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Megestrol Acetate Tablets

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Megestrol Acetate Tablets

CLINICAL PHARMACOLOGY

While the precise mechanism by which megestrol produces its antineoplastic effects against endometrial carcinoma is unknown at the present time, inhibition of pituitary gonadotropin production and resultant decrease in estrogen secretion may be factors. There is evidence to suggest a local effect as a result of the marked changes brought about by the direct instillation of progestational agents into the endometrial cavity. The antineoplastic actionofmegestrolacetate on carcinoma of the breast is effected by modifying the action of other steroid hormones and by exerting a direct cytotoxic effect on tumor cells. In metastatic cancer, hormone receptors may be present in some tissues but not others. The receptor mechanism is a cyclic process whereby estrogen produced by the ovaries enters the target cell, forms a complex with cytoplasmic receptor and is transported into the cell nucleus. There it induces gene transcription and leads to the alteration of normal cell functions. Pharmacologic doses of megestrol acetate not only decrease the number of hormone-dependent human breast cancer cells but also are capable of modifying and abolishing the stimulatory effects of estrogen on these cells. It has been suggested that progestins may inhibit in one of two ways:by interfering with either the stability, availability, or turn over of the estrogen receptor complex in its interaction with genes or in conjunction with the progestin receptor complex, by interacting directly with the genome to turn off specific estrogen-responsive genes.

There are several analytical methods used to estimate megestrol acetate plasma levels, including mass fragmentography, gas chromatography (GC), high pressure liquid chromatography (HPLC), and radioimmunoassay. The plasma levels by HPLC assay or radioimmunoassay methods are about one-sixth those obtained by the GC method. The plasma levels are dependent not only on the method used, but also on intestinal and hepatic inactivation of the drug, which may be affected by factors such as intestinal tract motility, intestinal bacteria, antibiotics administered, body weight, diet, and liver function.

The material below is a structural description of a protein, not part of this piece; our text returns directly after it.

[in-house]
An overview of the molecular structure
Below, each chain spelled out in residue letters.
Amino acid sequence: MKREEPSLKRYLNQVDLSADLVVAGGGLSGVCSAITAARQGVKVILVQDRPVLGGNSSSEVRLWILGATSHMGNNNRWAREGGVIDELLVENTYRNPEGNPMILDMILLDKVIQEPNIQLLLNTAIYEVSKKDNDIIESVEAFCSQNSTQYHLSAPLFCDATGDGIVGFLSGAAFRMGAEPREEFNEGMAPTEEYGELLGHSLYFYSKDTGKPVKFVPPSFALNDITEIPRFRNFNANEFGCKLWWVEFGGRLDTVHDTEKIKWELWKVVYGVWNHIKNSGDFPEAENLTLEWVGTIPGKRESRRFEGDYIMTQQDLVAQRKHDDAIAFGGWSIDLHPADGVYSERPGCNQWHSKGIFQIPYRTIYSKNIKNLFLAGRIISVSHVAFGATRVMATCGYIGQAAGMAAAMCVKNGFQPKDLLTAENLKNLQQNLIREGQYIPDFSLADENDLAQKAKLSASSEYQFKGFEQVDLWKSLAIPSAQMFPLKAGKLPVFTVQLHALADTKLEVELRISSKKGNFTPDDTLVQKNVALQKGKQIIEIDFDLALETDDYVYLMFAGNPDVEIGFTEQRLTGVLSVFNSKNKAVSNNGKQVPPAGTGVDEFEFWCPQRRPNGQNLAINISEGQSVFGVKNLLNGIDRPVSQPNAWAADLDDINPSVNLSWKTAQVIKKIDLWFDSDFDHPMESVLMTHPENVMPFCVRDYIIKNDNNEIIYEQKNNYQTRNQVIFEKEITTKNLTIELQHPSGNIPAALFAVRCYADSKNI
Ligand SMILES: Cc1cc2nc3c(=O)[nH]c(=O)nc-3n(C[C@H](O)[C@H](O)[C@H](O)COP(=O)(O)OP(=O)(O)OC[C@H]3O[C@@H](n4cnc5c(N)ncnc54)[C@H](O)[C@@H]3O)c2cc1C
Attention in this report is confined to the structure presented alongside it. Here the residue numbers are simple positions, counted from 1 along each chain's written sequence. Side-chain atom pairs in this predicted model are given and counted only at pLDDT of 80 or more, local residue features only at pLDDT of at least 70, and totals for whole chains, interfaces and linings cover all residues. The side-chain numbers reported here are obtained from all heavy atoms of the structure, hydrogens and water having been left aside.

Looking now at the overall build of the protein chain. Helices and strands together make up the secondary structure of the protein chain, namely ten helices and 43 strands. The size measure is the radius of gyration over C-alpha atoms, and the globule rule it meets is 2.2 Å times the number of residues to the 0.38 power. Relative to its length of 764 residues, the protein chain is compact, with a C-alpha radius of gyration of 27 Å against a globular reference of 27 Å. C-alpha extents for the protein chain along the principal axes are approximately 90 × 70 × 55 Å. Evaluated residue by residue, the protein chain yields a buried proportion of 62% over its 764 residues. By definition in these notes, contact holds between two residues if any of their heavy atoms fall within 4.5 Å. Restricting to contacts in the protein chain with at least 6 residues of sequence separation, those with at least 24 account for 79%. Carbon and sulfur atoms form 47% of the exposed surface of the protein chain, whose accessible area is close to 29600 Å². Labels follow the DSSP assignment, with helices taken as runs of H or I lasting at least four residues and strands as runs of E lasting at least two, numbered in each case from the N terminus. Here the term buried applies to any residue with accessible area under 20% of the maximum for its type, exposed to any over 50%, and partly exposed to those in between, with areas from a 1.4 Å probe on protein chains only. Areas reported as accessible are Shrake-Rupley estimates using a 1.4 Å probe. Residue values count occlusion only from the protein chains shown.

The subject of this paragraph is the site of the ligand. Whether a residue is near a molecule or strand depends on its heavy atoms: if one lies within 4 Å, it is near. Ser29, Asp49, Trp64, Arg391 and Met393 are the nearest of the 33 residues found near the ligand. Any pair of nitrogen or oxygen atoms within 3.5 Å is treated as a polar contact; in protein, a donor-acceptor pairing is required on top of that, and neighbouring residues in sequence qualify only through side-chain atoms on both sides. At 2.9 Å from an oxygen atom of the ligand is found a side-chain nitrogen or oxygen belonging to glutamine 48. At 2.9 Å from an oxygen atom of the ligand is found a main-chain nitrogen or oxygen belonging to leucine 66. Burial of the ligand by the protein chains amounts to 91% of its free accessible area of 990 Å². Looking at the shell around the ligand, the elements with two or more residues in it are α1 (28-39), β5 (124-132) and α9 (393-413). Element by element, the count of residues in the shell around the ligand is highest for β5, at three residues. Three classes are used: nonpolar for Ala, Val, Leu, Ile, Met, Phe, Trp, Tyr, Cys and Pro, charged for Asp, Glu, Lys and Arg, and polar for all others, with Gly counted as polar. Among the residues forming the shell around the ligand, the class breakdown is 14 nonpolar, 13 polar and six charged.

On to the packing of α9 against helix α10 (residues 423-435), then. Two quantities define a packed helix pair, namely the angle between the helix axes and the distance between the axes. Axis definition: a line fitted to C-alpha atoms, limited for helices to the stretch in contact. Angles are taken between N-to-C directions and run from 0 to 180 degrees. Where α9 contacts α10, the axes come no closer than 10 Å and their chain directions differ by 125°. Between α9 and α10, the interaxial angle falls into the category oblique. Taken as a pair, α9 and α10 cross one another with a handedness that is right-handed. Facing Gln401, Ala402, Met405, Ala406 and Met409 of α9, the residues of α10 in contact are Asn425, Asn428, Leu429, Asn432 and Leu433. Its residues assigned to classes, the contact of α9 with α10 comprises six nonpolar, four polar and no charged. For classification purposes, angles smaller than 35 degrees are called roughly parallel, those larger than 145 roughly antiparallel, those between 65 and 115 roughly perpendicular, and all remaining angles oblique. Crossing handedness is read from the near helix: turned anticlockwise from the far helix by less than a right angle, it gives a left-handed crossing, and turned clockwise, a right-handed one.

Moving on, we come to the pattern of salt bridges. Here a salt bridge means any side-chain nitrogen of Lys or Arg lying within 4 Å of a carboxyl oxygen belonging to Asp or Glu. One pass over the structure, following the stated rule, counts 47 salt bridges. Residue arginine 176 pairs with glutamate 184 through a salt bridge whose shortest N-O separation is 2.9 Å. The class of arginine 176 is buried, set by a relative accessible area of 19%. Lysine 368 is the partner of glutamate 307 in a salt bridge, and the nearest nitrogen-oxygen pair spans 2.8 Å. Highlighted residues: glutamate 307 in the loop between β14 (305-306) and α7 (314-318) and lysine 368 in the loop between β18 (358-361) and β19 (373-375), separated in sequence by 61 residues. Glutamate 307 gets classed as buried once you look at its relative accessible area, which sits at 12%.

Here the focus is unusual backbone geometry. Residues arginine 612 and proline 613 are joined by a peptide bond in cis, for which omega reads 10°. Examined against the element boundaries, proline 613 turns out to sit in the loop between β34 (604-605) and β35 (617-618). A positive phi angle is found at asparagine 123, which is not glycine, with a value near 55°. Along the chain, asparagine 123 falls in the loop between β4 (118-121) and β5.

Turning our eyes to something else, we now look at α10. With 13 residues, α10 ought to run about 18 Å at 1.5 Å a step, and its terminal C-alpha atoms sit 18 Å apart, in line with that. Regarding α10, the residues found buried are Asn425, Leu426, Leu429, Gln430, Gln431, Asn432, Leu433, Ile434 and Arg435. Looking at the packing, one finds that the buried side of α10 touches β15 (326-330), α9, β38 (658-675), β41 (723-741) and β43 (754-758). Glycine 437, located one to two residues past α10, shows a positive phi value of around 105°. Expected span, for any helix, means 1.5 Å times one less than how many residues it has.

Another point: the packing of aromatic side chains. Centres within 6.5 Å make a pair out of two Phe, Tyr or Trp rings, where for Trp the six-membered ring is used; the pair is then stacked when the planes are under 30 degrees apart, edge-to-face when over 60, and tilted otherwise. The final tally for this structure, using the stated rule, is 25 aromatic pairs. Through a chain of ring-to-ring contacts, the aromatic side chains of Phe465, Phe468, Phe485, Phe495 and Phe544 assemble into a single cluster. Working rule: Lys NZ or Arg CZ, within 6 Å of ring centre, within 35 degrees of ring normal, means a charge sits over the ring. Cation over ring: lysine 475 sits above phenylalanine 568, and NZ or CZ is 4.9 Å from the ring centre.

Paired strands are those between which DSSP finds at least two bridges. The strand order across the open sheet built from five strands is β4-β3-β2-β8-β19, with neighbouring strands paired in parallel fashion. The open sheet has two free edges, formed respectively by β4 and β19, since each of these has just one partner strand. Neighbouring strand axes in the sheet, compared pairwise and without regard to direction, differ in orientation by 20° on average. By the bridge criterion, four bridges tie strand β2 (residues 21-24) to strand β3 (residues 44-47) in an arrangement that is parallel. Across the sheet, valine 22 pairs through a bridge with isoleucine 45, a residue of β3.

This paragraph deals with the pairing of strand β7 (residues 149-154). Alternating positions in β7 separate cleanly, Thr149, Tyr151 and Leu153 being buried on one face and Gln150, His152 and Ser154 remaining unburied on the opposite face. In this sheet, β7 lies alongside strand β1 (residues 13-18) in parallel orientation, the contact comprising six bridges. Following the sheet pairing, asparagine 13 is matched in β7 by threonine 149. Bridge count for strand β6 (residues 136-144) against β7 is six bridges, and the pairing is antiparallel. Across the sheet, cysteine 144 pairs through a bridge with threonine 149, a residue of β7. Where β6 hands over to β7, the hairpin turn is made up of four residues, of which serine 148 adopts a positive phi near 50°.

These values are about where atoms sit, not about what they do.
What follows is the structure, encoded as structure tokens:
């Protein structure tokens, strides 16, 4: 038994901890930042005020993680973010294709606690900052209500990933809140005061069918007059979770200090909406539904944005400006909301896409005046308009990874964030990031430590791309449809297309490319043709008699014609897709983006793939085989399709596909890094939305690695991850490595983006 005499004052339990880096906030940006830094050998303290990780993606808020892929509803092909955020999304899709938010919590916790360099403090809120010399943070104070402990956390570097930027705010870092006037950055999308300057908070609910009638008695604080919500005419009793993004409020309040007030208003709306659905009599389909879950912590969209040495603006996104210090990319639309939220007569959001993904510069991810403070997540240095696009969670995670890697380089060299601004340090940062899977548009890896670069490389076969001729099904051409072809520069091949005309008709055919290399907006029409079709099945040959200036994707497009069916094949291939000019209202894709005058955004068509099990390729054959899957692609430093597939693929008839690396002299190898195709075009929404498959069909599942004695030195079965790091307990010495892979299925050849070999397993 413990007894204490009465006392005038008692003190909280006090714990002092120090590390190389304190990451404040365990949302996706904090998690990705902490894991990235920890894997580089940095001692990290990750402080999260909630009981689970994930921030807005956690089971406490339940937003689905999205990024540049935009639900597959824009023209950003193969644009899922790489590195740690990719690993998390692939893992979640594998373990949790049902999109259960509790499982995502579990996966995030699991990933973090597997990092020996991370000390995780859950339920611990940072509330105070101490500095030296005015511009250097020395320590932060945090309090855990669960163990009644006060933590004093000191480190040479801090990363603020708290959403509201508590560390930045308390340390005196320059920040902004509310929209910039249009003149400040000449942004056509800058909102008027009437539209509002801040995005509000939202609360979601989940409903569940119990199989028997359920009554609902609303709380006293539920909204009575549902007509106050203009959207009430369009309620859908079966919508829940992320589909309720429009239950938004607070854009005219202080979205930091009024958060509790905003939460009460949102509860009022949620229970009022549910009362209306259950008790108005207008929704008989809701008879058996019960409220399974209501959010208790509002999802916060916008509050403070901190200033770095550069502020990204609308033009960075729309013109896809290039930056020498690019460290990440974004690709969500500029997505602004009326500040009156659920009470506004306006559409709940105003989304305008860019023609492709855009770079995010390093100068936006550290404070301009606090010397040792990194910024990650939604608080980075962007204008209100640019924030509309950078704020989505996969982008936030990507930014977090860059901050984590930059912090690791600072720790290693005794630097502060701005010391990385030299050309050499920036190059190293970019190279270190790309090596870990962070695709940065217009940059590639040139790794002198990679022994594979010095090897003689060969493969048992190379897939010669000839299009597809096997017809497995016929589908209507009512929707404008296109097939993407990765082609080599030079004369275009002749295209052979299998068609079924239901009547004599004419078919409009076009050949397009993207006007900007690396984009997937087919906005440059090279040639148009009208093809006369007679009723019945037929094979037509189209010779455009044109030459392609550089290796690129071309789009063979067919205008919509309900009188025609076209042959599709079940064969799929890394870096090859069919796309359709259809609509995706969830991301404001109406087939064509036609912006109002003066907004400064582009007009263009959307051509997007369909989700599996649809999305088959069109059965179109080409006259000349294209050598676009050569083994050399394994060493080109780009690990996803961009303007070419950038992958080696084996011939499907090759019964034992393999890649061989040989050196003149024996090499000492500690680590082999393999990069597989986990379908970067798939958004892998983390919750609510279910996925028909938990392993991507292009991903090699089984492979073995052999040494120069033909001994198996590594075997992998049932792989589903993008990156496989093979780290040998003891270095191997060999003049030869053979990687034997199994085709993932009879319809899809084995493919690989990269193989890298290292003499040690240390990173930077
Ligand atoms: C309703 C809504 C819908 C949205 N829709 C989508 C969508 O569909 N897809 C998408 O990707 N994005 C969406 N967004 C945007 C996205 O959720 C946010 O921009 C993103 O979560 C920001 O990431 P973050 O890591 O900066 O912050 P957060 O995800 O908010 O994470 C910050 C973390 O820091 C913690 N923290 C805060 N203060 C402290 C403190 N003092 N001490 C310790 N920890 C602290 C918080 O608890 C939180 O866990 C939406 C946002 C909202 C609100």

Metabolites account for only 5% to 8% of the administered dose and are considered negligible. The major route of drug elimination in humans is the urine. When radiolabeled megestrol acetate was administered to humans in doses of 4 to 90 mg, the urinary excretion within 10 days ranged from 56.5% to 78.4% (mean 66.4%) and fecal excretion ranged from 7.7% to 30.3% (mean 19.8%). The total recovered radioactivity varied between 83.1% and 94.7% (mean 86.2%). Respiratory excretion as labeled carbon dioxide and fat storage may have accounted for at least part of the radioactivity not found in the urine and feces.

In normal male volunteers (n=23) who received 160 mg of megestrol acetate given as a 40 mg q.i.d. regimen, the oral absorption of megestrol acetate appeared to be variable. Plasma levels were assayed by a high pressure liquid chromatographic (HPLC) procedure. Peak drug levels for the first 40 mg dose ranged from 10 to 56 ng/mL (mean 27.6 ng/mL) and the times to peak concentrations ranged from 1.0 to 3.0 hours (mean 2.2 hours). Plasma elimination half-life ranged from 13.0 to 104.9 hours (mean 34.2 hours).The steady state plasma concentrations for a 40 mg q.i.d.regimen have not been established.

Last reviewed on RxList: 6/3/2008
This monograph has been modified to include the generic and brand name in many instances.

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